“Have they considered wildlife behavior? What about the environmental aspect? How many would be affected during construction and after? ” He asked. “Hotels are not only buildings, but also means of transport (delivering food and conveying guests), and a source of waste (noise, solids and liquids, including human effluence and food waste). The machines will also compact the soil, which is known to have a negative impact on water infiltration into the ground.

Bonke’s organization is challenging the legality of the process of writing the park’s management plan in court and questioning the agreement between KWS and the private developers, some of whom have illegally encroached on the park.

“We are also focusing on sensitizing Kenyans on wildlife conservation issues and educating them about the values ​​and challenges facing these ecologically significant areas,” he said. “Through the court, we hope to secure an appropriate legal moratorium preventing further encroachments into the park and call for a more ecosystem-based management plan.”

“After the hustle and bustle of activities in a city, you need a place to relax, recharge and connect with nature.”

Josphat Ngonyo, chief executive of the African Animal Welfare Network, said it was an unwelcome move by the government. “The park is only 117 square kilometers,” he explained. “It’s too small to house a hotel, and we don’t need to have a hotel in the park as we have so many hotels around Nairobi that can accommodate anyone who wants to visit Nairobi National Park .”

Nairobi’s population kept growing and the city struggled to find land to accommodate the influx of people. This has led some to see Nairobi National Park as a space for the city to expand and provide amenities for those who live there. Ngonyo strongly refutes this argument.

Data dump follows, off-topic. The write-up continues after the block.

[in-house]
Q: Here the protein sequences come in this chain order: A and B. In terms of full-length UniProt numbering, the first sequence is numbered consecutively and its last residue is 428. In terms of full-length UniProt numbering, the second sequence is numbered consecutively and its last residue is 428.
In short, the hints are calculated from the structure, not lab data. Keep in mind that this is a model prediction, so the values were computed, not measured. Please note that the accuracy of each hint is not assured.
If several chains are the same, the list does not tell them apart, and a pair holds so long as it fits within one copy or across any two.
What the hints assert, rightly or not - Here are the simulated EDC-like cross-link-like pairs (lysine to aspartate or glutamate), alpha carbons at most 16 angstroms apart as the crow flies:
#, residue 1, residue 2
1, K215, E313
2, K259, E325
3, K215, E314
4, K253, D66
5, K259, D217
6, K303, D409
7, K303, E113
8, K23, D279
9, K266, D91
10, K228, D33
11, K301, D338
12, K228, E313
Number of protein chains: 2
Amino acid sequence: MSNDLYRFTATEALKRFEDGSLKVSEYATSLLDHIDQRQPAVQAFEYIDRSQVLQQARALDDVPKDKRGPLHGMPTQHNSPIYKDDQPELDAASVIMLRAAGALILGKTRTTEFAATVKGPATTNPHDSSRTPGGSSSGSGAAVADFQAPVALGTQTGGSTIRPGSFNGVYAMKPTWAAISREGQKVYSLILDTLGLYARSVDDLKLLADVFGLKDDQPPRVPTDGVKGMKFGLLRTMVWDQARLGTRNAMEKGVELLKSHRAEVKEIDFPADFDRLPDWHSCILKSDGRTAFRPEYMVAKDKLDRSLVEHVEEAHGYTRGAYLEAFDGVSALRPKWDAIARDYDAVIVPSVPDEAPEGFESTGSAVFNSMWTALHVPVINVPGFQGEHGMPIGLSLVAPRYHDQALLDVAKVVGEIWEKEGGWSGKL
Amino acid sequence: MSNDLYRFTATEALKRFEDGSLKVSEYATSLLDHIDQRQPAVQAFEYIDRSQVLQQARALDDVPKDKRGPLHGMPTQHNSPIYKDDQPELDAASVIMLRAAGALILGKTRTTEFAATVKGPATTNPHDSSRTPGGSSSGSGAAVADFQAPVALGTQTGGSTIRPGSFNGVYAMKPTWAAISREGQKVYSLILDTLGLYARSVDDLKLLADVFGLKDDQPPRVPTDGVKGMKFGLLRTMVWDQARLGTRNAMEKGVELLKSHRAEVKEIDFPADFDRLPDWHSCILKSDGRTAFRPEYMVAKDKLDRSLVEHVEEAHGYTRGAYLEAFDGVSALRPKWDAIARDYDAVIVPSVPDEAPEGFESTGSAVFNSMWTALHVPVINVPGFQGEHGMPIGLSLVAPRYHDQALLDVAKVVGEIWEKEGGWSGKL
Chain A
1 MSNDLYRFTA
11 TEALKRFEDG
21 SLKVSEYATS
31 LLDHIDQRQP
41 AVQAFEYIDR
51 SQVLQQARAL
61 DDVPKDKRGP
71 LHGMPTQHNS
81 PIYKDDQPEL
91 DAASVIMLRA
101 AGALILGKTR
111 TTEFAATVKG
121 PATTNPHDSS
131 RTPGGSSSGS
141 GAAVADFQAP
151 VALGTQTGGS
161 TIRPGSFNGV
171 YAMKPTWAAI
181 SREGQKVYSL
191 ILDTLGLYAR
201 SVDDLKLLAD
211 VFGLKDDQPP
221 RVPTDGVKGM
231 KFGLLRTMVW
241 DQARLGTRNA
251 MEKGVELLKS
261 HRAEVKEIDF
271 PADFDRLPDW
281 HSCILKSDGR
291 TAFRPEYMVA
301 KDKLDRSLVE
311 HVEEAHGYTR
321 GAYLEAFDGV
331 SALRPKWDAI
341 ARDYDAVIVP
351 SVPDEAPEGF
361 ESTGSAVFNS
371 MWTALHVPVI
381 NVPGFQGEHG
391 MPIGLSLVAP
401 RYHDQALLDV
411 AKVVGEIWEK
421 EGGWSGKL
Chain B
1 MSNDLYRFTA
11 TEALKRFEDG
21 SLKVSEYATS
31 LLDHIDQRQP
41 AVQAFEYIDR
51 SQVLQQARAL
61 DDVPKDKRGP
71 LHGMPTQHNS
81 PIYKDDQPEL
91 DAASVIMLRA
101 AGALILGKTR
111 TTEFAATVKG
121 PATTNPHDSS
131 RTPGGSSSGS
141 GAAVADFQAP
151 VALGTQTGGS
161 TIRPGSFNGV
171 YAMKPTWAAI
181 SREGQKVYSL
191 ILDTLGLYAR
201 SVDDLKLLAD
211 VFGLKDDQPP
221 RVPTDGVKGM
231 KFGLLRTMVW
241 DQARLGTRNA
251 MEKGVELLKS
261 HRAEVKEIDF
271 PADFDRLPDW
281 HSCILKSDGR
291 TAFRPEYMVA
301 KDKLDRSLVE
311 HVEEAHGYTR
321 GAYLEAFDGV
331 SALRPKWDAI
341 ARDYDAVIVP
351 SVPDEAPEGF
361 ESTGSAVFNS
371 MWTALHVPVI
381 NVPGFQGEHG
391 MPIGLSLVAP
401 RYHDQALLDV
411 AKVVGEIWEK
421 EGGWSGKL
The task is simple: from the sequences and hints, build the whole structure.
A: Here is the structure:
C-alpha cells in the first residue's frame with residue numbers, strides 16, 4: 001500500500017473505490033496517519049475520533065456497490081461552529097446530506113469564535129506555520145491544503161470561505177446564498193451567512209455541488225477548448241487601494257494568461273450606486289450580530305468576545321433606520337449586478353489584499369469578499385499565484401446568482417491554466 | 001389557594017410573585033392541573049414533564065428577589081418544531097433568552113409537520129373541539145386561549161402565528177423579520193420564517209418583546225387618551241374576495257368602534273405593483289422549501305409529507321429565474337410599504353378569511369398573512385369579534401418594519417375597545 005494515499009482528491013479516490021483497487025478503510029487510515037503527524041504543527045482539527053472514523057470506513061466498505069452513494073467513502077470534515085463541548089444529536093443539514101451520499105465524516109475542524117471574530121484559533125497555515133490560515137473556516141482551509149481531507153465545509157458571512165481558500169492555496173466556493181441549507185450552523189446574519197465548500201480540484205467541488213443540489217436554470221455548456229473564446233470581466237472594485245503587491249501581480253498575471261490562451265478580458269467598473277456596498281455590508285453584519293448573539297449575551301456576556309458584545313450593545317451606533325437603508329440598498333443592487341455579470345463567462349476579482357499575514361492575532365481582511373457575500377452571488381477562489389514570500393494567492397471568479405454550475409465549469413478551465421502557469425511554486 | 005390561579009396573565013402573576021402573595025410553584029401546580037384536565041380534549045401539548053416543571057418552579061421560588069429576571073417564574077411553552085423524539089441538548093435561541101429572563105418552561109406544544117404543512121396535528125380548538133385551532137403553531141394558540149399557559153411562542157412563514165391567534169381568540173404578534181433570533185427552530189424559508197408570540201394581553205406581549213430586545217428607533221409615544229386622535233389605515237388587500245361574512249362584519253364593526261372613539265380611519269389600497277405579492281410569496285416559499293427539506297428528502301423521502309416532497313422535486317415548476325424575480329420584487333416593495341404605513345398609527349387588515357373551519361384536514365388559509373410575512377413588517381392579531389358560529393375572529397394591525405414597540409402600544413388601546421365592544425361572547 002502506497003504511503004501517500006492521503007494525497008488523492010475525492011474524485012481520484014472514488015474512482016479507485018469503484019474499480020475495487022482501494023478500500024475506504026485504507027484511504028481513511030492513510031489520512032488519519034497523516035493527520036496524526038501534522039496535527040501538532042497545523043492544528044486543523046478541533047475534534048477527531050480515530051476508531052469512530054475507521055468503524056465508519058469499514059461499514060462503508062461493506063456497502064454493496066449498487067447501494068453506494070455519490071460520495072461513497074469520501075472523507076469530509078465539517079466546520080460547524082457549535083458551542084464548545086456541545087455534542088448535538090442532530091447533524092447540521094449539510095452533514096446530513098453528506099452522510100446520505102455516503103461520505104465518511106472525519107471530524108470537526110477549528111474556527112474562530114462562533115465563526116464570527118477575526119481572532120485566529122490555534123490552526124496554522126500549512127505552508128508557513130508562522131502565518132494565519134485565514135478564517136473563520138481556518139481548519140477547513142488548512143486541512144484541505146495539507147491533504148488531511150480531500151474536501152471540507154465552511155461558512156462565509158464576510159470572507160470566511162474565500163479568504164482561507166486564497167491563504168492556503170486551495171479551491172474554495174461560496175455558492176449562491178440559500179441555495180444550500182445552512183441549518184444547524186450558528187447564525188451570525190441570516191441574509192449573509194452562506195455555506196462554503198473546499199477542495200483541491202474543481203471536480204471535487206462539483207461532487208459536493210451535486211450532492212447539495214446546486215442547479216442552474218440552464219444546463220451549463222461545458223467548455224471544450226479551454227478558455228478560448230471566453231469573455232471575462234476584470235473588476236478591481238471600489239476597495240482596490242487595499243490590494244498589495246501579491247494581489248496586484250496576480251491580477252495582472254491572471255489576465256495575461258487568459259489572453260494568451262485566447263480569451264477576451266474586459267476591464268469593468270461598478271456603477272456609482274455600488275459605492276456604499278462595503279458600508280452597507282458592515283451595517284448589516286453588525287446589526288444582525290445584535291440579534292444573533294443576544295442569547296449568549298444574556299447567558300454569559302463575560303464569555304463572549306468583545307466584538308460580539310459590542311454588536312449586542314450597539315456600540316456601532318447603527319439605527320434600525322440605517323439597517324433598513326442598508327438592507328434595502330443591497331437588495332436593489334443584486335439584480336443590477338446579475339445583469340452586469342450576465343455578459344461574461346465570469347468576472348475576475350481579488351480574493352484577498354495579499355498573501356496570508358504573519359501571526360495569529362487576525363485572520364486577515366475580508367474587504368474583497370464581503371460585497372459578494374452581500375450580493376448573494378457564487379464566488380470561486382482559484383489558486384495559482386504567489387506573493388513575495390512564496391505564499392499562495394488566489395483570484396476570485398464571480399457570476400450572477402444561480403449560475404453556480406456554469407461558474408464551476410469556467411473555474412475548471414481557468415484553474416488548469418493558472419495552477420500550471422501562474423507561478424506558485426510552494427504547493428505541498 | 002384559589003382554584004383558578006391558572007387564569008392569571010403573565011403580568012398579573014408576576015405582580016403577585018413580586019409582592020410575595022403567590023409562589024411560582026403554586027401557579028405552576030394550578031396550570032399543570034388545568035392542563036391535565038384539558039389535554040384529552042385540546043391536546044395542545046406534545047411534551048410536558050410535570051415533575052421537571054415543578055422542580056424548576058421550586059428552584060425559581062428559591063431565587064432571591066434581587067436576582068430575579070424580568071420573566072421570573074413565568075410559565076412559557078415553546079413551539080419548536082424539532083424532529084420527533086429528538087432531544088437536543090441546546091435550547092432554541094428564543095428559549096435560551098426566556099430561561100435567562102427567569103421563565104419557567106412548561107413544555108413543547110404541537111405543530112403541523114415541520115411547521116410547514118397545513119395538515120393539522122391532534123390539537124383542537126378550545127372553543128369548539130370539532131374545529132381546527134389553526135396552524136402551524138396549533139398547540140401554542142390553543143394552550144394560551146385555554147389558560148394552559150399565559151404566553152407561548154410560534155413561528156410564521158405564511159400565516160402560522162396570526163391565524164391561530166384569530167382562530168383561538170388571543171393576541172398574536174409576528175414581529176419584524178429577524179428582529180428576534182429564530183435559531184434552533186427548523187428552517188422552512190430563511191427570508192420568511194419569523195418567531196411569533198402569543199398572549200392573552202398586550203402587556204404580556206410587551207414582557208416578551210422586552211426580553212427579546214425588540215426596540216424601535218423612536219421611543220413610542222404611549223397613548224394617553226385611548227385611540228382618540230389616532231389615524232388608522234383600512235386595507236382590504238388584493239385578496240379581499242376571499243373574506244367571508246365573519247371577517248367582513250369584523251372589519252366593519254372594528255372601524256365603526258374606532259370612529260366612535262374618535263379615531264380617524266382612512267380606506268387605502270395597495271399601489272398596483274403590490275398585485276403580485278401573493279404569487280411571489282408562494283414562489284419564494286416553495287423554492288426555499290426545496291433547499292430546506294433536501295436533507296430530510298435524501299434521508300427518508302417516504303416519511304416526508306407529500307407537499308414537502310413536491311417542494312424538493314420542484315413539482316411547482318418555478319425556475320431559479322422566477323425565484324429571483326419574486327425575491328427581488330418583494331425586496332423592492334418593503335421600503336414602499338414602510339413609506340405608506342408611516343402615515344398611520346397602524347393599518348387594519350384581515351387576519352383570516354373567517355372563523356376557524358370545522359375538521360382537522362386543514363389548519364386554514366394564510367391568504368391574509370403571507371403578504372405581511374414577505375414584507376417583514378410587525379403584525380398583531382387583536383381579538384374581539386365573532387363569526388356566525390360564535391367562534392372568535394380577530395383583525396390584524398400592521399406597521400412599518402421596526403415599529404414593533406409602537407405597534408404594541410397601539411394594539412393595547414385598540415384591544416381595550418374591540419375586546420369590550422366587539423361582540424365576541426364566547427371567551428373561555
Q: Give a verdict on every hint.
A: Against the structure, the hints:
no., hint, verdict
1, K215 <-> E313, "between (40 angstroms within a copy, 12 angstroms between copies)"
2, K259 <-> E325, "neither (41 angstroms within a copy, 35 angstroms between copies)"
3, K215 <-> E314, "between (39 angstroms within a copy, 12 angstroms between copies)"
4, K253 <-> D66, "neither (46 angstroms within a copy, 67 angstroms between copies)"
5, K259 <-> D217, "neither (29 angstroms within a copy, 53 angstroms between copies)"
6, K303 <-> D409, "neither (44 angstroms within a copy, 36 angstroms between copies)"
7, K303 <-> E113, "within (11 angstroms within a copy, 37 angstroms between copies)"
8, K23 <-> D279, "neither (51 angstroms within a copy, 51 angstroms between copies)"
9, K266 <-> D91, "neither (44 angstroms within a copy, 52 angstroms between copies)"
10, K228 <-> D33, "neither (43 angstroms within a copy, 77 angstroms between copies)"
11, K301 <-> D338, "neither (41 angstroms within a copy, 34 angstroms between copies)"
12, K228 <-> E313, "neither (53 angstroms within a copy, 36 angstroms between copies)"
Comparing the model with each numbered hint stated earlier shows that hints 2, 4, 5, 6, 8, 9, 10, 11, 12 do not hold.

“Whoever says that is making a huge mistake, because a city needs such a place,” he said. “We cannot afford to live in a concrete jungle. After the hustle and bustle of activities in a city, there needs to be a place to relax, recharge and connect with nature.

Currently, the African Sustainability Network is engaging the public to review the park’s controversial management plan. The organization trains community members to understand what the draft management plan means for the park and their livelihoods.

Thus, they will be better informed of their rights and of what they risk losing if KWS decides to build a hotel inside the park. They will then join the protests and make them a stronger force, since they are the first guardians of the park. They are also launching a long-term science initiative to conduct an ecological study of the park to show what they stand to lose ecologically and how this relates to public health and well-being.

The network is also working on a more sustainable strategy to control invasive species in Nairobi National Park, with a focus on parthenium, which is the second most serious threat to the park – apart from encroachments on infrastructure, monitoring of pollution by solid and liquid waste. .

From his experience, Bonke says the struggle to save Nairobi National Park made him realize that there has never been good cooperation between policy makers and relevant organizations to provide the basis for an approach. integrated wildlife conservation.

“Saving wildlife and whole habitat is a climate change mitigation process and a public health concern, which makes the silence of these two groups – when wildlife habitats are destroyed – a huge concern,” did he declare. “There must be proper implementation of land use policy to assess the type of human activities allowed in protected areas and other ecologically significant areas, otherwise the word ‘protected areas’ will become a joke.”

With westernization, Bonke points out, many African communities have gradually moved away from wildlife conservation, which was once an integral part of their lives.

“We are so focused on becoming like Europe which has realized the same mistakes we are making and are working on a ‘regreening Europe’ initiative,” he said. “If this continues, Africa will lose its pride of being the richest continent in terms of biodiversity, health and natural resources. Let’s embrace our roots and develop a more sustainable approach.

The timeline for starting the project, and therefore how much time activists have to shut it down, is currently unknown.

“There isn’t really a timeline, Nairobi National Park will face challenges year after year, so protesting is an ongoing process,” Bonke said.

Currently, the organization advocates an ecosystem approach, which promotes the nature of the park and aligns with the National Wildlife Strategy.

“We work with the adjacent community and relevant stakeholders,” Bonke explained. “The community itself is playing a key role and has even taken the legal route to filing a lawsuit in court against the planned construction.”

The article is originally published at Waging Nonviolence.